Where are all the groundlings?

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“I went to Cambridge and I can’t understand it!” she booms at her cushion-faced husband – and most of the theatre. Dear me. My old class prejudice kicks in.

We zip past croaking, sodden beggars, zoom into the plush theatre, vertigo to the upper circle, acquire a rip-off programme and brush up on a little plot background. So does a rather well upholstered woman behind us.

“I went to Cambridge and I can’t understand it!” she booms at her cushion-faced husband – and most of the theatre. Dear me. My old class prejudice kicks in.

“Think what it’s like for us redbrick folk, us groundlings!” the wife prevents me from yelling.

“Remember we’re out!” Indeed.

But, whenever we’re out at these places, they seem to be replete with such shrill idiots. You don’t get them at QPR or the Odeon. Here, they seem to rule. White. Middle class. Elderly. Smug. There’s a terrific absence of people who are not. Groundlings are a bit thin on the ground.

The play is wonderful. Mark Rylance’s Duke of Gloucester is a sort Machiavellian Frankie Howard, whose hobbies happen to include the serial killing of various lords and tiny children – and putting the frighteners on the front row, especially when he offers a little boy his dead, withered hand. The boy finds it dead funny. How my old pupils would have loved this! 

Decibelle would have shrieked and Dave Mania would have relished being Outmania-ed. “Respect!” But my pupils, modern groundlings, are quite absent. They can’t afford to be here and probably feel they don’t belong in a theatre. A real shame. An interval occurs. The bar clinks with double gins and chins – and tedious opinion.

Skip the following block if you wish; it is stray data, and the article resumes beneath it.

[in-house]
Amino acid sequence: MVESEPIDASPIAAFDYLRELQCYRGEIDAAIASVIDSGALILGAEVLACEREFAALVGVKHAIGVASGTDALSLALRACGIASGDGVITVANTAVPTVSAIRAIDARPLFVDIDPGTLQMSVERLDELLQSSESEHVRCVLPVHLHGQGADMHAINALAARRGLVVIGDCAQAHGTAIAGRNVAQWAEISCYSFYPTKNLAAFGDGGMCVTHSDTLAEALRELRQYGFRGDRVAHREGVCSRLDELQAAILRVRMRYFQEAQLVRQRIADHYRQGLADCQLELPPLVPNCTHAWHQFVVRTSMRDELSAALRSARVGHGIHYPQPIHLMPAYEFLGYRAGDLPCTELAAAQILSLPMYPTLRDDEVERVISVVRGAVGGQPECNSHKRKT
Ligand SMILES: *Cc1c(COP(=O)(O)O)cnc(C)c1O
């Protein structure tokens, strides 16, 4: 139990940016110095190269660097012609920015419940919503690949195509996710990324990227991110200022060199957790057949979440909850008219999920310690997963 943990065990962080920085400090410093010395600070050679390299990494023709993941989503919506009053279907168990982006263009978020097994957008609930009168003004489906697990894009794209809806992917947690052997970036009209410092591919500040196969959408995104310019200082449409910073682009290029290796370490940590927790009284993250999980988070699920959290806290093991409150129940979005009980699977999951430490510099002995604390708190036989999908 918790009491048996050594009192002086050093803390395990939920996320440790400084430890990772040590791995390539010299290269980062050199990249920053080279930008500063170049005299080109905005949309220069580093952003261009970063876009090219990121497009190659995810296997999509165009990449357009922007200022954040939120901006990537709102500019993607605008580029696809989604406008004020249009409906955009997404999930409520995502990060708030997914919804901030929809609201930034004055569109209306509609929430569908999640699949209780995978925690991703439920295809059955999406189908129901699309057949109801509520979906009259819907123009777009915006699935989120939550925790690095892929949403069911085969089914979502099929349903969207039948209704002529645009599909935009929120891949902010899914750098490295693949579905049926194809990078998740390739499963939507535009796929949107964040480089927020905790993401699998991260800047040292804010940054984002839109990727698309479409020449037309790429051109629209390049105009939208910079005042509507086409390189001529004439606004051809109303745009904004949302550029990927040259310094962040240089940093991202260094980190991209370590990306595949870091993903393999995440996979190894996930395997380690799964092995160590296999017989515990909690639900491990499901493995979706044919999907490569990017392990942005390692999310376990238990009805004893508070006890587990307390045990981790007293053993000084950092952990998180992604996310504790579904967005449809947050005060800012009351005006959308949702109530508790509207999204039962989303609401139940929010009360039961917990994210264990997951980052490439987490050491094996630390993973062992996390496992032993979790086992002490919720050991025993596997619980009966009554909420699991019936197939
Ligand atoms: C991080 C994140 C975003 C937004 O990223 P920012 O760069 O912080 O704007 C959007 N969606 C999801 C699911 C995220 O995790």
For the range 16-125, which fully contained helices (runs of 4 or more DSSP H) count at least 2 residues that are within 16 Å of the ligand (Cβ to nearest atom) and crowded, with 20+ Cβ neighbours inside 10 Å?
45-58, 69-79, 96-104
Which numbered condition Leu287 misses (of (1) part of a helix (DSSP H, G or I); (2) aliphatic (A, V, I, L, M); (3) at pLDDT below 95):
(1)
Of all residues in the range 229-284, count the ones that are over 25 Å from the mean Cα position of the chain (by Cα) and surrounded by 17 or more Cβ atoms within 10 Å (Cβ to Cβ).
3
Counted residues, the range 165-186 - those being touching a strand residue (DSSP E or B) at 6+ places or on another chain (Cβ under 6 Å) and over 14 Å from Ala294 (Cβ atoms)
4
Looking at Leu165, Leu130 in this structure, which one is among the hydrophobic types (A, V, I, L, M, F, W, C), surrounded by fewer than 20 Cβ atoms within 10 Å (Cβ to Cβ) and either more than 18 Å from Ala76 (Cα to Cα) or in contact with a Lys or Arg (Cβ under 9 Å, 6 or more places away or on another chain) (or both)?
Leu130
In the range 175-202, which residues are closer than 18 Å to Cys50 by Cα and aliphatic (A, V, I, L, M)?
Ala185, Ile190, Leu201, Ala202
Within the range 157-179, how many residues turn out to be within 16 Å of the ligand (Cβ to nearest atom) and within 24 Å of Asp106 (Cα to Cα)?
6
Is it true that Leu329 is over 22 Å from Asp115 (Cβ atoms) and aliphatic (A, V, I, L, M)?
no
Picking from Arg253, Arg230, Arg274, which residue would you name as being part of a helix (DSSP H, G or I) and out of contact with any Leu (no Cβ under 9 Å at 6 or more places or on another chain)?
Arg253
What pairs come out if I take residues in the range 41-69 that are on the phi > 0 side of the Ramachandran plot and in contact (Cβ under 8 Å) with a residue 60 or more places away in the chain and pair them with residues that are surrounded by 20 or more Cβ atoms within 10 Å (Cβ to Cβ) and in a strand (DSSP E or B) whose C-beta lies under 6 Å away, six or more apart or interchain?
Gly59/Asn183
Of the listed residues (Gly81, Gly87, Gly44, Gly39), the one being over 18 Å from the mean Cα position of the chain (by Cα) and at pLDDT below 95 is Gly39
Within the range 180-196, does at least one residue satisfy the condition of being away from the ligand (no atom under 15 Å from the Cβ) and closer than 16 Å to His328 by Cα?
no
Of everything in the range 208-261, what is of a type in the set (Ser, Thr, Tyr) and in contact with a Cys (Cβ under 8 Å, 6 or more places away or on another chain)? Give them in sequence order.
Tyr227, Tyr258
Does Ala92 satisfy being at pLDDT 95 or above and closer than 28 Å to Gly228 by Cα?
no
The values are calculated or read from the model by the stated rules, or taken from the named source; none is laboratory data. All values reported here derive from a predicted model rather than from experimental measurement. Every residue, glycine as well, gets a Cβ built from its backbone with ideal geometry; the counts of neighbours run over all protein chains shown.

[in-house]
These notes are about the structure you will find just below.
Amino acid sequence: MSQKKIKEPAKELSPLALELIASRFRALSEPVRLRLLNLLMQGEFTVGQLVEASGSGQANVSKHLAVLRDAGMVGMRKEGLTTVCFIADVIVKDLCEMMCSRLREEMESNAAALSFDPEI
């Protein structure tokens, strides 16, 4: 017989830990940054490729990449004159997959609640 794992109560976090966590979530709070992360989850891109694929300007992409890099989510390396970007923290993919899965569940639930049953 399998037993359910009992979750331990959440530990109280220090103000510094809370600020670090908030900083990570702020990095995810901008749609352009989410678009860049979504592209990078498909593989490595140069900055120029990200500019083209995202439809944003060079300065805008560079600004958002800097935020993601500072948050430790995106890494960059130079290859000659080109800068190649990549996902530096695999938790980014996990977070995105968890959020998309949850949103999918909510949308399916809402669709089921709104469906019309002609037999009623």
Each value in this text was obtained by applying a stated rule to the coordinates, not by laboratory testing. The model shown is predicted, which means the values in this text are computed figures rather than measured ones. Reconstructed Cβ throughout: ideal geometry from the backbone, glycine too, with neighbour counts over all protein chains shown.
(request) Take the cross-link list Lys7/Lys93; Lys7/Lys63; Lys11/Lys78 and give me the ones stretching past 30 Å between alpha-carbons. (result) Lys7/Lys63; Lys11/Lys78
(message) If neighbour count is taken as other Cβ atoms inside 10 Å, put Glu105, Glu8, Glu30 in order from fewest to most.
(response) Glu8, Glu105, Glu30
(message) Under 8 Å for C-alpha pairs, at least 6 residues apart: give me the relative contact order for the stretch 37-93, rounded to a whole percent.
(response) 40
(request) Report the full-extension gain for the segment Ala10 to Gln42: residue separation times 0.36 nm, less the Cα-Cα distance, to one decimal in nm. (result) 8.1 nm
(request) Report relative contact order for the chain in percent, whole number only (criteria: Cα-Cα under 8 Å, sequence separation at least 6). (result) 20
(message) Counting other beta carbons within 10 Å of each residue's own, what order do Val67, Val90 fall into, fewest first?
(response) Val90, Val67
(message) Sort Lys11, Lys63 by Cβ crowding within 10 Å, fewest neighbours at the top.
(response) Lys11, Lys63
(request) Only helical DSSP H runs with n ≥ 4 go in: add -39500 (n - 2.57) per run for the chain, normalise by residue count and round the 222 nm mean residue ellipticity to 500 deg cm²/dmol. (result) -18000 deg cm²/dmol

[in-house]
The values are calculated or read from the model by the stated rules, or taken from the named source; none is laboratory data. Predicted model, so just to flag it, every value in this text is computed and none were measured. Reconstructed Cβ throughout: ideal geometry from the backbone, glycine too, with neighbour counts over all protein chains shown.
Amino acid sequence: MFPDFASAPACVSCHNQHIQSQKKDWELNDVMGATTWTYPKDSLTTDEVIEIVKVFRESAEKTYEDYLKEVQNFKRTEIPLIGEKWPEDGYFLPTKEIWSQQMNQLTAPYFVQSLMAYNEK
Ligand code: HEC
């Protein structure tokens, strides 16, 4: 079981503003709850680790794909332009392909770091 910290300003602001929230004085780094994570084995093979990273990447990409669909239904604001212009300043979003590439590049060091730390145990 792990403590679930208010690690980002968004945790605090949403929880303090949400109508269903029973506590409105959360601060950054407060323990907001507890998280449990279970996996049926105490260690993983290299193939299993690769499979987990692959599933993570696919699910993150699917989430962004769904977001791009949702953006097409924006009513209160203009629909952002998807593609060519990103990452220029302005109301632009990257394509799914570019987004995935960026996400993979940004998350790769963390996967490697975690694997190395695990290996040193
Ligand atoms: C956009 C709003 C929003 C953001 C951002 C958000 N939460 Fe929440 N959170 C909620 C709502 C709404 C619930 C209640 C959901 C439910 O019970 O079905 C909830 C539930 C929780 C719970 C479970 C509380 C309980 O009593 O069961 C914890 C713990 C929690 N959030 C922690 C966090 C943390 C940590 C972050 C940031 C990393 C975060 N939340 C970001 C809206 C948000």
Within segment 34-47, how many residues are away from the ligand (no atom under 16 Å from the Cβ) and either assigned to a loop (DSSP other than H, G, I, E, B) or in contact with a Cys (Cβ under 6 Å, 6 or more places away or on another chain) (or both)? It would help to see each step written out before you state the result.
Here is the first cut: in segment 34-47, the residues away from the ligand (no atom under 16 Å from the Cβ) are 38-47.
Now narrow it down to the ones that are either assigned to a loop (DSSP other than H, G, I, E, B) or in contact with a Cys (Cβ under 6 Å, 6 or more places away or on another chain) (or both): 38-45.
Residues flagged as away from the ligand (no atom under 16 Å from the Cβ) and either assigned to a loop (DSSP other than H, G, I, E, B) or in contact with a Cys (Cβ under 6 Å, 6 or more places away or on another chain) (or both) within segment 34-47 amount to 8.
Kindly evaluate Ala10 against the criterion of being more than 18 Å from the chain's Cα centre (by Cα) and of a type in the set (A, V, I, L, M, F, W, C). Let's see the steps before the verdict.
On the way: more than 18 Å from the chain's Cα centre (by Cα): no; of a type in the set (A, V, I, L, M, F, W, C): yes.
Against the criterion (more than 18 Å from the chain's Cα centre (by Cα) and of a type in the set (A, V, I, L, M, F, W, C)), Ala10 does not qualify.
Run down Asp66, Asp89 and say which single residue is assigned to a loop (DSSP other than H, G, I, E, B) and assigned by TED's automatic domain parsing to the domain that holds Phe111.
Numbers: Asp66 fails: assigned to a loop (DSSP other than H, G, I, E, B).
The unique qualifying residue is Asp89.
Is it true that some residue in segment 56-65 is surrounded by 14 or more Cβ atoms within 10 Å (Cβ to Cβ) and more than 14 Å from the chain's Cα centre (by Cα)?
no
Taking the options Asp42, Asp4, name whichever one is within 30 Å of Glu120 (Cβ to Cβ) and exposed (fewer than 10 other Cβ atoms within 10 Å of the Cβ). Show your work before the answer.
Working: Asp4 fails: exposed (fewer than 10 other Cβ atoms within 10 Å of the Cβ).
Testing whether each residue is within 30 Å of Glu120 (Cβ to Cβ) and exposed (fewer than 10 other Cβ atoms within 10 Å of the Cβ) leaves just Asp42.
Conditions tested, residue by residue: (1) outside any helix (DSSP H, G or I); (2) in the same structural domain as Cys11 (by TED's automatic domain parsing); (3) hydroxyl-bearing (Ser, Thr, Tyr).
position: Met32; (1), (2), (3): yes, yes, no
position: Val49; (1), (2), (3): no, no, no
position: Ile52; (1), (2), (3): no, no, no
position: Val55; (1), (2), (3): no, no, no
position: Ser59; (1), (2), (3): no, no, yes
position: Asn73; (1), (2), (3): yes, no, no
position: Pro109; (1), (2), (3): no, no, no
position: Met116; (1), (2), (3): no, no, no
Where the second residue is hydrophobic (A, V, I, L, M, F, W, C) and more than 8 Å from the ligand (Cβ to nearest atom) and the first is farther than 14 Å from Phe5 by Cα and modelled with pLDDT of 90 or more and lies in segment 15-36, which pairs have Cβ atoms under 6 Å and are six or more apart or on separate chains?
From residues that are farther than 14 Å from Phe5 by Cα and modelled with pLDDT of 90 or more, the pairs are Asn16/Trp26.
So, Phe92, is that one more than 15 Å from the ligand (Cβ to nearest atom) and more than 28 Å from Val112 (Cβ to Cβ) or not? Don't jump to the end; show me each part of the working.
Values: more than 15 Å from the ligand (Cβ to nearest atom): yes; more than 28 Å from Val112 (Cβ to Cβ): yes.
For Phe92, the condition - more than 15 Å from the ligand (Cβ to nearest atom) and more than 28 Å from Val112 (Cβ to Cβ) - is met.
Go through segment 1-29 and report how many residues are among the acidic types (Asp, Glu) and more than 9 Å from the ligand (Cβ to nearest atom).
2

“Rylance has a real presence, if slightly mannered ... not quite as compelling as McKellen or Sher or Olivier…”

Aaargh! Shut up! Please! The Cambridge lady still seems to have lost the plot. Her partner observes that the queen looks a bit like a man. That’s because he is a man. It’s an all-male production. Clot. The second half is even better. We experience shivers of pity and fear. Well, not all of us. The cushion-faced husband is prised awake by the prolonged ovation.

Theatre this good should be available on the National Health – or the National Curriculum. Fat chance. Not with the new philistine EBacc. There’ll be no money for the “soft subjects” like drama. I’m sure Mark Rylance regrets these things. Perhaps he could be persuaded to put the frighteners on my Lords Gove, Adonis and Osborne.  

 


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